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Exclusive: U.S. spy chief orders changes in 'unmasking' policy

WASHINGTON (Reuters) - The top U.S. intelligence official has ordered tighter restrictions on how the names of Americans kept secret in intelligence reports can be revealed during presidential transitions, according to documents seen by Reuters.

Director of National Intelligence Dan Coats arrives for a closed classified briefing for members of the House of Representatives on North Korea and Afghanistan on Capitol Hill in Washington, U.S., September 6, 2017. REUTERS/Joshua Roberts

The move follows unsubstantiated charges by President Donald Trump and his allies that his predecessor’s administration spied on Trump and improperly “unmasked” the identities of his associates during the 2016 presidential campaign and transition.

Current and former senior U.S. intelligence officials who have reviewed the documentation dispute those claims by the president.

In September, the U.S. Justice Department said in a court filing that it had no evidence to support the president’s claim that President Barack Obama ordered surveillance of his Trump Tower campaign headquarters.

In a Nov. 30 letter sent to Representative Devin Nunes, Republican chairman of the House Intelligence Committee, and other top lawmakers, the Director of National Intelligence Dan Coats said the new unmasking policy is due by Jan. 15.

Nunes was among the first to charge that U.S. intelligence agencies collected information on Americans involved in Trump’s transition team. A Nunes spokesman declined comment.

Coats wrote that the new policy will reinforce existing procedures that “make clear that IC (intelligence community) elements may not engage in political activity, including dissemination of U.S. person identities to the White House, for the purpose of affecting the political process of the United States.”

“In addition, this policy will require heightened levels of approval for requests made during a Presidential transition when those requests relate to known members of a President-elect’s transition team,” Coats wrote in the letter, which was sent to the top Republicans and Democrats on the Intelligence and Judiciary committees in both the House and Senate.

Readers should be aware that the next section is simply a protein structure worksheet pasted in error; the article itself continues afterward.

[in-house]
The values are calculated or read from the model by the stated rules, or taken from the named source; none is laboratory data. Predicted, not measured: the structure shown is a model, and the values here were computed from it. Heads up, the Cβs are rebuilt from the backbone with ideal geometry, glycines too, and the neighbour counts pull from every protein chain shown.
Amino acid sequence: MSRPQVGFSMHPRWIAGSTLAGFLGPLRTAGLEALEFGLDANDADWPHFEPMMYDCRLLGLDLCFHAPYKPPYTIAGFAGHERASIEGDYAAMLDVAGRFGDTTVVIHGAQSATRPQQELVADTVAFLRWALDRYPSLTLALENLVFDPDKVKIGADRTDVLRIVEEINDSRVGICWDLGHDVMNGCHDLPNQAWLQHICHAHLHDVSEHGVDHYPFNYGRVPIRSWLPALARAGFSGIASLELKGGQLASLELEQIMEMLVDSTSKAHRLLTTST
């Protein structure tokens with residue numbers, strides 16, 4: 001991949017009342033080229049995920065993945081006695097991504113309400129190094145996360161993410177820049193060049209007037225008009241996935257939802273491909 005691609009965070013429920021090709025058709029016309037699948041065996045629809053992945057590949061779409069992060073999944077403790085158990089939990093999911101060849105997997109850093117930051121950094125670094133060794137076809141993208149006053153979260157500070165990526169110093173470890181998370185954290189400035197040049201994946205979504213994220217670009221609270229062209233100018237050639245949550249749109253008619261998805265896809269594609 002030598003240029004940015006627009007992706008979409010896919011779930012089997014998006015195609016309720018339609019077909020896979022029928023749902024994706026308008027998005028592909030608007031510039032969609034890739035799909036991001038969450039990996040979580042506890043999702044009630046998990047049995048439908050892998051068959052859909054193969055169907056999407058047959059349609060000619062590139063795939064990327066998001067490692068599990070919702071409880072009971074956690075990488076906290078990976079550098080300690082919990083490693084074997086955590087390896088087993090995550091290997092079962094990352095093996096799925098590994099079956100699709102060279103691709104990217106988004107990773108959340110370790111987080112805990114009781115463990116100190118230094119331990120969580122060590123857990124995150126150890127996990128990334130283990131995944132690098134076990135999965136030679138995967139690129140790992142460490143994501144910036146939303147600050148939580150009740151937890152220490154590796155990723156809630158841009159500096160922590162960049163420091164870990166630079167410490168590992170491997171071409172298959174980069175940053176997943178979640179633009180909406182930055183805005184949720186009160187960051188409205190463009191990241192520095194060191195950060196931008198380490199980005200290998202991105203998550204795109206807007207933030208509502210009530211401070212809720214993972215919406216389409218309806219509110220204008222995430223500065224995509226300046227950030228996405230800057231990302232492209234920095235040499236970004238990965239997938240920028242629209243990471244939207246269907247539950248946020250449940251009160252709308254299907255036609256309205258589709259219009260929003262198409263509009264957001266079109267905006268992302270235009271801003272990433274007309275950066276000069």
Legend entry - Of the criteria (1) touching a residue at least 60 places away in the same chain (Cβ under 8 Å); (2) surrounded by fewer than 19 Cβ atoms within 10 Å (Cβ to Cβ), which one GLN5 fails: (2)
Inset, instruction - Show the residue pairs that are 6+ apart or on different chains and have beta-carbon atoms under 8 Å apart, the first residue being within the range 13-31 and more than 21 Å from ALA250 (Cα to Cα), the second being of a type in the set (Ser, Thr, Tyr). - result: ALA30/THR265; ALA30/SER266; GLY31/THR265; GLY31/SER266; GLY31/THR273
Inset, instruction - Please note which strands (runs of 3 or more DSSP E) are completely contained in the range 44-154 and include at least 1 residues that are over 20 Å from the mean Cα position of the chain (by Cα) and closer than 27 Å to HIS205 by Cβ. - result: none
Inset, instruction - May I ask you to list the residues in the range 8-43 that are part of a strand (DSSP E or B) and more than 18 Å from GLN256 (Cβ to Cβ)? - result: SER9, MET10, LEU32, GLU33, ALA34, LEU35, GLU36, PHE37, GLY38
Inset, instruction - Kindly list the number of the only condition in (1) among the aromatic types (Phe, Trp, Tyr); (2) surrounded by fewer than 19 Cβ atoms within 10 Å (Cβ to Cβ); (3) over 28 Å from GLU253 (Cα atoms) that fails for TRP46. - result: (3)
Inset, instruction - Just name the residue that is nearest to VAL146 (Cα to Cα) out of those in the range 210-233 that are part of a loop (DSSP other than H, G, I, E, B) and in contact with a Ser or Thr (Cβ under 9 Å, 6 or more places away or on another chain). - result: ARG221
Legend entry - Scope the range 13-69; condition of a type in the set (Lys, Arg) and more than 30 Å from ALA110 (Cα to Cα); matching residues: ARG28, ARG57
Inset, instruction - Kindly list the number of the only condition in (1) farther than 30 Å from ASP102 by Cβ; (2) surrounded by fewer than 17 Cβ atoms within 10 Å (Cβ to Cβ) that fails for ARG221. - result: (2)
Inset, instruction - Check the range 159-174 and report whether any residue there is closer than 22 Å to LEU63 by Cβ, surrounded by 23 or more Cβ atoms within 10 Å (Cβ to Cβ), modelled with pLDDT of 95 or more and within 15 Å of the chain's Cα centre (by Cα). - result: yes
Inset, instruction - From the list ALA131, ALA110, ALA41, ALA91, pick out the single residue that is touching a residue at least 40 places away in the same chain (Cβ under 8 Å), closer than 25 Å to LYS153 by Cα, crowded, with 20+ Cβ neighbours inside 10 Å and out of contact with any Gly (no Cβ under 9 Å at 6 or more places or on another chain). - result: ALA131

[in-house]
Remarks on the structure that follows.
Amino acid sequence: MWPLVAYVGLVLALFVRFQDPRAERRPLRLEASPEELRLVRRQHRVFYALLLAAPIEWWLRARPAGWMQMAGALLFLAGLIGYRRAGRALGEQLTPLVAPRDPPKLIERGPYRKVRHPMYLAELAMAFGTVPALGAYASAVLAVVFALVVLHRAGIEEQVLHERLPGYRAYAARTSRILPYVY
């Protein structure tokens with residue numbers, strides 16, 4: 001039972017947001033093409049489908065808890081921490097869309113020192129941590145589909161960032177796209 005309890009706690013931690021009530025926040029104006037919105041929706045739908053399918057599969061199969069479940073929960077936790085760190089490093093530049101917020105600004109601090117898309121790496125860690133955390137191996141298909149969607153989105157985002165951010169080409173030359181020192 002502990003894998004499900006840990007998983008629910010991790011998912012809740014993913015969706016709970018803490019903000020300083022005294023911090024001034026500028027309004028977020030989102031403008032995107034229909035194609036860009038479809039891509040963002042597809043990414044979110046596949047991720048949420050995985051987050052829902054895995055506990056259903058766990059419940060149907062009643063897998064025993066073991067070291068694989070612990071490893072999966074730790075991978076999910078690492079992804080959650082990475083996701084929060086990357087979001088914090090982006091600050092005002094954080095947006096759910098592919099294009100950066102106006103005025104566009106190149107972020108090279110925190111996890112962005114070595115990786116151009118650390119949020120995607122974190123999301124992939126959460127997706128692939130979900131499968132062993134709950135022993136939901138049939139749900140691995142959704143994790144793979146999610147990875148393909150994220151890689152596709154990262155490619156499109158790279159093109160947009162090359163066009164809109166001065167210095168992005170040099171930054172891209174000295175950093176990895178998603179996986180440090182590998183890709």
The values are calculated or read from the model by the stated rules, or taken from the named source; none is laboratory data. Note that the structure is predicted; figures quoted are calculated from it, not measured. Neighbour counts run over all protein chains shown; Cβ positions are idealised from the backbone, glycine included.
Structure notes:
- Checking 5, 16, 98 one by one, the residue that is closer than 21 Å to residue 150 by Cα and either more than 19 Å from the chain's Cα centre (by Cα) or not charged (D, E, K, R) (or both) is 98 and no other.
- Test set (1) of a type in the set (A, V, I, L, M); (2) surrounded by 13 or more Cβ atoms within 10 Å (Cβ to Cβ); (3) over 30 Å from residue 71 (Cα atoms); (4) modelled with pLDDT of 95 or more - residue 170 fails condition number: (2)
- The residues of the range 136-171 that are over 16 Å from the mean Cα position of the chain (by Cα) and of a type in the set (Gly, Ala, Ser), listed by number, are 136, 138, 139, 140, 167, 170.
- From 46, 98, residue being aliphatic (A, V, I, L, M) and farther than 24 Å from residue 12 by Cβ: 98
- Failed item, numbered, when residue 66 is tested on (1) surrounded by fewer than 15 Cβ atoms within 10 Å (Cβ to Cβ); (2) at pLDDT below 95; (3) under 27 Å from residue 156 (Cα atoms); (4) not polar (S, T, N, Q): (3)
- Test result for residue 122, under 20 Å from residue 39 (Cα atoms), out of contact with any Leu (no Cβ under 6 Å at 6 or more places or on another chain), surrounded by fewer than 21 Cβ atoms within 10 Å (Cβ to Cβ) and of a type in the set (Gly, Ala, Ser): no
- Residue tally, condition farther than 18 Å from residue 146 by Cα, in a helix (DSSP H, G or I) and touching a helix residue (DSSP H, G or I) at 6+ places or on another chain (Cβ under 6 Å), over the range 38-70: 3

A spokesman for Coats had no comment.

Reuters has also reviewed a draft presidential order that, if enacted, would make similar changes to unmasking procedures that relate to presidential transitions.

The draft Trump order can be seen at ( )

A White House spokesman declined to comment on the four-page draft presidential order, which is undated. It is unclear if Trump will sign the document in addition to the new policies Coats has ordered.

U.S. intelligence agencies are barred from eavesdropping on Americans’ communications without warrants. However, information involving U.S. citizens sometimes is incidentally collected in the monitoring of foreign intelligence targets. In such cases, the Americans’ identities are anonymized with labels such as “U.S. Person No. 1.”

“Unmasking” occurs when an authorized U.S. policymaker requests the name of an American to help understand the value of the foreign intelligence. A policymaker also can request an unmasking when the information concerns a crime.

Unmasking requests already are subjected to extensive reviews by multiple officials before they are approved.

For unmasking requests made between a U.S. presidential election and Inauguration Day, the draft presidential order states, the request now would have to say whether the official making it believed or knew it involved a member of the president-elect’s transition team.

Moreover, if the request is approved, the Republican and Democratic leaders of the House and Senate intelligence committees would have to be informed.

A request also would have to be approved by the top lawyer of the U.S. intelligence agency that disseminated the original intelligence report.

While Coats, in his letter, said the new policies are intended to keep politics out of intelligence issues, some current and former officials said the draft presidential order could do the opposite.

“If this executive order is implemented as written, or worse if it’s written into law, it is not only an infringement on the political independence of the intelligence community, but it will endanger our ability to work with our allies, who may fear we’ve been drafted into a political party,” said one U.S. official familiar with the issue, speaking on condition of anonymity.

It appears that the Trump administration is trying to streamline, systematize, and memorialize the unmasking process, said Christopher Swift, a Georgetown University law professor and partner at Foley & Lardner LLP.

“But these same procedures might also be used to identify pending national security investigations and insert the White House into these decisions,” Swift said via email.

Additional reporting by Mark Hosenball, Dustin Volz and John Walcott; Editing by John Walcott and Clive McKeef